But it is important to note that the fiscal space and the real space are separate entities. Each operates within its own sphere and the influence of the fiscal space on the real space is akin to an electrical induction circuit. Importantly there is no one-to-one relationship between the two.

As Bill's blog on world development shows, it is the real constraints on a nation that limit how prosperous it is. If you have a country with a small population and limited real resources then what it can create at full output may not be sufficient to adequately feed, house and clothe the population. No amount of financial wizardry can help sort that out and the country needs international gifts of real aid.

That is, MMT-style policies are best suited for advanced capitalist nations, not necessarily for Third World countries, because most of them face severe balance of payments constraints. Increasing aggregate demand would, for many Third World nations, simply cause a balance of payments crisis, as imports surged.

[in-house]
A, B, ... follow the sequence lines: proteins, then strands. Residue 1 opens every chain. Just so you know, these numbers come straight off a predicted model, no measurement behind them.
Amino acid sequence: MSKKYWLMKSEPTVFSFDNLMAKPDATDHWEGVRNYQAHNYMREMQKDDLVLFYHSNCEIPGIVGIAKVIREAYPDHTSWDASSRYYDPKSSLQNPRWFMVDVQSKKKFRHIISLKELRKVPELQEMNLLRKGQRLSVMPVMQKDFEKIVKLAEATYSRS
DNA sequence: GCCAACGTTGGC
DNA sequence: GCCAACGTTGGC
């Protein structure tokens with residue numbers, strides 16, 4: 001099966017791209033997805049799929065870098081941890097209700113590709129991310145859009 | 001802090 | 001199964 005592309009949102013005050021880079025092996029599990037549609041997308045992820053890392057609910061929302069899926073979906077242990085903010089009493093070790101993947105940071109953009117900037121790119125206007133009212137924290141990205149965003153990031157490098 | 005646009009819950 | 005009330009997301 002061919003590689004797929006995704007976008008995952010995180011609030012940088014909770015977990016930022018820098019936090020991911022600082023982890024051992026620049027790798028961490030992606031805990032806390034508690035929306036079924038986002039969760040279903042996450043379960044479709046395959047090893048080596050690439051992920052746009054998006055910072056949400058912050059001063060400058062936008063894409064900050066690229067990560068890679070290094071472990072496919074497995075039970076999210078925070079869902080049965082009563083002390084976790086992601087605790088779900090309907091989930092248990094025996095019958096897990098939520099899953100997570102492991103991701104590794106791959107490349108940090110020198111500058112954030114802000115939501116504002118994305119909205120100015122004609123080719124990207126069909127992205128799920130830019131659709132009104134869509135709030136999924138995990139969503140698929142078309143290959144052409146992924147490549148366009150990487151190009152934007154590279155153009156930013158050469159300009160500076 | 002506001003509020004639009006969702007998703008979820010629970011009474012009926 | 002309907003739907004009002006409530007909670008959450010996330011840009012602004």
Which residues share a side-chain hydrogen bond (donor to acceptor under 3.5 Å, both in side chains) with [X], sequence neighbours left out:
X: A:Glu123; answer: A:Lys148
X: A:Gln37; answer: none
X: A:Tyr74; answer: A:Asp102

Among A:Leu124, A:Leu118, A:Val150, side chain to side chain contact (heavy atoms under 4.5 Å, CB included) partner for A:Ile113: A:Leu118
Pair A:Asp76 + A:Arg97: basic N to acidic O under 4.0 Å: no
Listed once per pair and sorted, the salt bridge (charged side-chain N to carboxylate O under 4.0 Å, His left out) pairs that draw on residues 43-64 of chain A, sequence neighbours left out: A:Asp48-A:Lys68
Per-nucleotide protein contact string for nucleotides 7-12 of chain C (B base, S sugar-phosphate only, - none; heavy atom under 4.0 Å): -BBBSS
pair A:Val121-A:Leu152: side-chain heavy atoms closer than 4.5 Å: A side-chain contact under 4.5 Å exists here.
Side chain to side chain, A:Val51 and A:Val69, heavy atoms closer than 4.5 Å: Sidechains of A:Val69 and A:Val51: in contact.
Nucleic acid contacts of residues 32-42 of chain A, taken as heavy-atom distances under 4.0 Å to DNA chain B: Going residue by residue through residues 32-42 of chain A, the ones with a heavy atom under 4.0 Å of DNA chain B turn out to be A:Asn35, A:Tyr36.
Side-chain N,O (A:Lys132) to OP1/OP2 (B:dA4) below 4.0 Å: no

There isn't really such a thing as a balance of payments crisis in a floating rate exchange system.  For those excess imports to exist at all, the saving of the local currency must occur at the same time. Otherwise the financing of the deal would have failed and the transaction would never have happened.  And there would be no excess imports. The floating rate balances out the successes and failures automatically. That's its job.

Very simply imports cannot 'surge' unless the equivalent local currency savings by foreigners 'surges' at the same time. And if the savings don't surge then the exporter loses a sale and their economy shrinks as well - because there is nowhere else to export to in aggregate. Mars isn't open for business as yet.